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Comte de Paris, History of the Civil War in America. Vol. 1. (ed. Henry Coppee , LL.D.) 37 17 Browse Search
William H. Herndon, Jesse William Weik, Herndon's Lincoln: The True Story of a Great Life, Etiam in minimis major, The History and Personal Recollections of Abraham Lincoln by William H. Herndon, for twenty years his friend and Jesse William Weik 25 3 Browse Search
Colonel William Preston Johnston, The Life of General Albert Sidney Johnston : His Service in the Armies of the United States, the Republic of Texas, and the Confederate States. 20 14 Browse Search
Jubal Anderson Early, Ruth Hairston Early, Lieutenant General Jubal A. Early , C. S. A. 18 0 Browse Search
James Redpath, The Roving Editor: or, Talks with Slaves in the Southern States. 16 0 Browse Search
Official Records of the Union and Confederate Armies, Chapter XXII: Operations in Kentucky, Tennessee, North Mississippi, North Alabama, and Southwest Virginia. March 4-June 10, 1862., Part II: Correspondence, Orders, and Returns. (ed. Lieut. Col. Robert N. Scott) 16 0 Browse Search
Edward Porter Alexander, Military memoirs of a Confederate: a critical narrative 15 3 Browse Search
Comte de Paris, History of the Civil War in America. Vol. 2. (ed. Henry Coppee , LL.D.) 15 7 Browse Search
George Ticknor, Life, letters and journals of George Ticknor (ed. George Hillard) 15 5 Browse Search
Southern Historical Society Papers, Volume 27. (ed. Reverend J. William Jones) 14 0 Browse Search
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Browsing named entities in William H. Herndon, Jesse William Weik, Herndon's Lincoln: The True Story of a Great Life, Etiam in minimis major, The History and Personal Recollections of Abraham Lincoln by William H. Herndon, for twenty years his friend and Jesse William Weik. You can also browse the collection for Buchanan or search for Buchanan in all documents.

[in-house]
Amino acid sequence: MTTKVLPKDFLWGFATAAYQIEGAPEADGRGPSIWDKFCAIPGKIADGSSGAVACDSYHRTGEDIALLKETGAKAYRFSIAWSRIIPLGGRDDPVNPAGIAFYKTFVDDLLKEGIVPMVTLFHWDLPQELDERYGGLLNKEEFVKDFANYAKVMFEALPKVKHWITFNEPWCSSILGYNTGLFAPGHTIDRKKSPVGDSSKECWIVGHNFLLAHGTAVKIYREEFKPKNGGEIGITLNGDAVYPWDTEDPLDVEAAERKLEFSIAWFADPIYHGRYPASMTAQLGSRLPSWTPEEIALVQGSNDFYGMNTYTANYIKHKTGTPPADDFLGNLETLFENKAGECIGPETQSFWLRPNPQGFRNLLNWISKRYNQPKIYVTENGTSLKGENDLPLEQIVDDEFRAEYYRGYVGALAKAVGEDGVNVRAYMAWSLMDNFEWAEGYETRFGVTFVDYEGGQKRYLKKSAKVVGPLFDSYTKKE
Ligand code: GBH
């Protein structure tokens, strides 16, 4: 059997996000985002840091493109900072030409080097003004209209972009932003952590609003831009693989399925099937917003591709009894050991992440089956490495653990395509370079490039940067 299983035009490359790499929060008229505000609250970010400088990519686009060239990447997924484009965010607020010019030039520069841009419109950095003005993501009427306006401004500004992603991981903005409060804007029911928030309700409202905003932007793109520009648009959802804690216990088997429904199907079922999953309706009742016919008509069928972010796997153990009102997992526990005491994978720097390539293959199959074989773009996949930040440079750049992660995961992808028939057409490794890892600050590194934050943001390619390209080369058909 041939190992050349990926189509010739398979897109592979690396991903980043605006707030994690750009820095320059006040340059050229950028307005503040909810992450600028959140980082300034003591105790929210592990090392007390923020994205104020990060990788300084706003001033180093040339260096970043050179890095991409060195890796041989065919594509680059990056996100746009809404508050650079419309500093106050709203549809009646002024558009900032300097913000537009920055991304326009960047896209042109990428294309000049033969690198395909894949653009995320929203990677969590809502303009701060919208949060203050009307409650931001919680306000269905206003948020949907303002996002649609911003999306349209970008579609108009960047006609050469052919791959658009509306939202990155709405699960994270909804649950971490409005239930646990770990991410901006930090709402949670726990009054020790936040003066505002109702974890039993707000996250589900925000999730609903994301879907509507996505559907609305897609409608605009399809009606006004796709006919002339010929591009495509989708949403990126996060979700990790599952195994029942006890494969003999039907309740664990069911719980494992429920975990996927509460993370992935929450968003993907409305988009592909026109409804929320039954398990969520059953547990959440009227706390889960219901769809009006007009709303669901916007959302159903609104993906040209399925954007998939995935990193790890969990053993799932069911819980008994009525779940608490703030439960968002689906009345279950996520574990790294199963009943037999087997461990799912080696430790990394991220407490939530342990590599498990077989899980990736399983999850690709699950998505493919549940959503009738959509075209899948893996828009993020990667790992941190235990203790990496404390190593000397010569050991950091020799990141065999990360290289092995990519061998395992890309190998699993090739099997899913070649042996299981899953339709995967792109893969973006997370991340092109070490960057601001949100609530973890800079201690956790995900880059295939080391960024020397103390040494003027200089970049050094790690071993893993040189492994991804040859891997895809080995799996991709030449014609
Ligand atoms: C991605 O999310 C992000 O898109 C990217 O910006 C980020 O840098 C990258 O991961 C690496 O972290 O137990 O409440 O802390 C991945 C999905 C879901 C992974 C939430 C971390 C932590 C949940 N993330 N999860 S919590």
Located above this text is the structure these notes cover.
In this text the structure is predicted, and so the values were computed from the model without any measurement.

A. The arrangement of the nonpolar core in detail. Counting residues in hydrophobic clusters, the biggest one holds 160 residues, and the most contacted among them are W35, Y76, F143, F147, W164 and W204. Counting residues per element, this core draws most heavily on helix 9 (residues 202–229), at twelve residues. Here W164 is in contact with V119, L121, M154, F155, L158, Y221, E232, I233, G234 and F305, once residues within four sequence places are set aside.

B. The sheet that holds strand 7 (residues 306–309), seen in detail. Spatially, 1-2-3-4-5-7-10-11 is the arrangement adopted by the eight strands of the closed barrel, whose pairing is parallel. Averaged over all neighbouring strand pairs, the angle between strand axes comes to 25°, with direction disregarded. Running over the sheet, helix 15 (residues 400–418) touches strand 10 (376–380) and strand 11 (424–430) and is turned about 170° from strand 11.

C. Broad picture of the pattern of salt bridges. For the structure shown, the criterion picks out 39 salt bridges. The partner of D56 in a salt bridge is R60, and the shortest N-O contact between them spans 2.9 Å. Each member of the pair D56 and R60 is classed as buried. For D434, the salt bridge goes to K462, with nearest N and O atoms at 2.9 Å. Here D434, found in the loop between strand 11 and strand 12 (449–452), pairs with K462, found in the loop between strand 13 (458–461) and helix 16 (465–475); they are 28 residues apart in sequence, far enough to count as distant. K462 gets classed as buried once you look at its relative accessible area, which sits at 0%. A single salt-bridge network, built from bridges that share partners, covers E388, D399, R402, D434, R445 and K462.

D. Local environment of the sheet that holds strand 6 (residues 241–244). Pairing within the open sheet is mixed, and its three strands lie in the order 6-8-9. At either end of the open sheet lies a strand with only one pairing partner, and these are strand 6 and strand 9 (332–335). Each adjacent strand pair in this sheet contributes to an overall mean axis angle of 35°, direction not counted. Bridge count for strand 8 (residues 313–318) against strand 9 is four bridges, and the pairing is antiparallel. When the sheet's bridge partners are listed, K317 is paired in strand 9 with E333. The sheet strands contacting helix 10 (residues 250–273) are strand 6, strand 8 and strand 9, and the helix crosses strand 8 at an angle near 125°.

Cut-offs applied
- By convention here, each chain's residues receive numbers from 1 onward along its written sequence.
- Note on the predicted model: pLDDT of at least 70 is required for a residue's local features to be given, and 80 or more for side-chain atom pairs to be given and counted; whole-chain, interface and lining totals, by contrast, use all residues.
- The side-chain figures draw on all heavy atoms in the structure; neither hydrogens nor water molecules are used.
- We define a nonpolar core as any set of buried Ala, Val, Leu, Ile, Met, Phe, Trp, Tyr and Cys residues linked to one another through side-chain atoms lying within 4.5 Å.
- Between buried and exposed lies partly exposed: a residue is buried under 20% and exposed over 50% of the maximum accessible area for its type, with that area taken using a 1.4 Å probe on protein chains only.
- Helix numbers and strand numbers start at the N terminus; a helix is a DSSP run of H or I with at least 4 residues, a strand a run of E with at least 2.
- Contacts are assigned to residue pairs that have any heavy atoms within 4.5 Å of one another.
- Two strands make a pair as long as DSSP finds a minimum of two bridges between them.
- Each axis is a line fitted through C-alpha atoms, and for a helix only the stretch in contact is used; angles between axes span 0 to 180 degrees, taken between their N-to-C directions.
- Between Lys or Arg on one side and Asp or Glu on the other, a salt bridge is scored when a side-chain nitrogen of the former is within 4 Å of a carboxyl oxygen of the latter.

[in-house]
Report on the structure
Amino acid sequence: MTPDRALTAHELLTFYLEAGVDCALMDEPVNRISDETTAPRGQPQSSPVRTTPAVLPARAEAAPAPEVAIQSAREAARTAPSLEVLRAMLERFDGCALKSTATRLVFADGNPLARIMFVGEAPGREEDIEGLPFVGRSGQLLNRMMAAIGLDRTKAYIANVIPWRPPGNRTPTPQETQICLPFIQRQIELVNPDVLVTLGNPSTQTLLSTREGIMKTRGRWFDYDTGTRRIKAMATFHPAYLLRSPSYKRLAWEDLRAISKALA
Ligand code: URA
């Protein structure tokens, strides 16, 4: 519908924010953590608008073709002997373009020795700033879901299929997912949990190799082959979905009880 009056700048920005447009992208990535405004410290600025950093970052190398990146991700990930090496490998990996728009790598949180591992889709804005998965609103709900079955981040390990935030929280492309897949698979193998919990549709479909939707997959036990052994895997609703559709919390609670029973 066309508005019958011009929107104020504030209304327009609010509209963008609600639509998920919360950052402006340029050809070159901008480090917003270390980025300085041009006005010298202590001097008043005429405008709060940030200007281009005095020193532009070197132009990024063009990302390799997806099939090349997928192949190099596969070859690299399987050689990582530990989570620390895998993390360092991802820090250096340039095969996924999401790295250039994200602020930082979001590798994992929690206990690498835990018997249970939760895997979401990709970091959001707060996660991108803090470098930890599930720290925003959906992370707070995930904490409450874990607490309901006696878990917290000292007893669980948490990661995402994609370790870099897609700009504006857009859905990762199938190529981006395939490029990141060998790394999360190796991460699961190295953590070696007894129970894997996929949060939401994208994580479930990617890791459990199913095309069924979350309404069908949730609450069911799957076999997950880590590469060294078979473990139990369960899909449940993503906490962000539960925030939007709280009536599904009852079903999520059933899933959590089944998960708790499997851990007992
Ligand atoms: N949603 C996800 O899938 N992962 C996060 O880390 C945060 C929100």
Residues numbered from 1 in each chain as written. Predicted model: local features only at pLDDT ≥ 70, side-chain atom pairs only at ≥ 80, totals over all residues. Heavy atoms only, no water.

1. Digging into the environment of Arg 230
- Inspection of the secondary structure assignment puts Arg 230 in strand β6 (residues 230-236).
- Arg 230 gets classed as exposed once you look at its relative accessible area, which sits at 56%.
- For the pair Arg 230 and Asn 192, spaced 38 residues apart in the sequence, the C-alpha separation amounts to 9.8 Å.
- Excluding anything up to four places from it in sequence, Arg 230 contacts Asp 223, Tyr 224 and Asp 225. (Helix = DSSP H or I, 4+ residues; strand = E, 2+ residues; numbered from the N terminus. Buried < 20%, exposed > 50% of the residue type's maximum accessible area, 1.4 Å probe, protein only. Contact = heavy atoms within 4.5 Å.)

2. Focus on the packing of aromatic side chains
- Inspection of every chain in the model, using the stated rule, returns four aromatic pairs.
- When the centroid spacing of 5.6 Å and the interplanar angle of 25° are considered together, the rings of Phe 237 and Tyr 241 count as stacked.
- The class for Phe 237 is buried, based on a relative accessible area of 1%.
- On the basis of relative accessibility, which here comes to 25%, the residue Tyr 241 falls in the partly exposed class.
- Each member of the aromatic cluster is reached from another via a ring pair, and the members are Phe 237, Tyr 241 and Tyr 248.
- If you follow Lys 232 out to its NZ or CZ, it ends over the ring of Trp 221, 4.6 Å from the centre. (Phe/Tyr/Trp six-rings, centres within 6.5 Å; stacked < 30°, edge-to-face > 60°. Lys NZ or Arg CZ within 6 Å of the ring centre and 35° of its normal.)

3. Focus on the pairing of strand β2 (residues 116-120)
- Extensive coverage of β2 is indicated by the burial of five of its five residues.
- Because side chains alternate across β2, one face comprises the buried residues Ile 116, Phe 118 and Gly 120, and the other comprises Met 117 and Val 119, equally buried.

Your search returned 14 results in 3 document sections:

ding to support Fillmore it was kept alive by Buchanan men and other kindred spirits, who were somewmore's chance of being President. Suppose Buchanan gets all the slave States and Pennsylvania anwo slave States of Maryland and Kentucky then Buchanan is not elected; Fillmore goes into the House nois' it Will inevitably give these States to Buchanan, which will more than compensate him for the take it and thus keep it out of the hands of Buchanan. Be not deceived. Buchanan is the hard horsBuchanan is the hard horse to beat in this race. Let him have Illinois, and nothing can beat him; and he will get Illinois i over seventy newspapers in Illinois opposing Buchanan, only three or four of which support Mr. Fillidate they were really aiding the election of Buchanan. But the effort proved unavailing, for in spung tenaciously to their leader, resulting in Buchanan's election. The vote in Illinois stood, BuchBuchanan 105,344, Fremont 96,180, and Fillmore 37,451. At the same time Bissell was elected governor by
nominated Senator. the house-divided against-itself speech. reading it to his friends. their comments and complaints. Douglas's first speech in Chicago. the joint canvass. Lincoln and Douglas contrasted. Lincoln on the stump. positions of Lincoln and Douglas. incidents of the debate. The result. more letters from Horace Greeley. how Lincoln accepted his defeat. a specimen of his oratory. I shall be forced to omit much that happened during the interval between the election of Buchanan and the campaign of 1858, for the reason that it would not only swell this work to undue proportions, but be a mere repetition of what has been better told by other writers. It is proper to note in passing, however, that Mr. Lincoln's reputation as a political speaker was no longer bounded by the border lines of Illinois. It had passed beyond the Wabash, the Ohio, and the Mississippi rivers, and while his pronounced stand on the slavery question had increased the circle of his admirers in
. In the few unoccupied moments allotted him, he was carefully revising his inaugural address. On the morning of the 4th of March he rode from his hotel with Mr. Buchanan in an open barouche to the Capitol. There, slightly pale and nervous, he was introduced to the assembled multitude by his old friend Edward D. Baker, and in administered by the venerable Chief Justice Taney, and he was now clothed with all the powers and privileges of Chief Magistrate of the nation. He accompanied Mr. Buchanan to the White House and here the historic bachelor of Lancaster bade him farewell, bespeaking for him a peaceful, prosperous, and successful administration. a poultice, thrusting the old-fashioned standing collar up to the ears, dressed in black throughout, with swallow-tail coat not of the newest style. It was President Buchanan, calling to take his successor to the Capitol. In a few minutes he reappeared, with Mr. Lincoln on his arm; the two took seats side-by-side, and the carria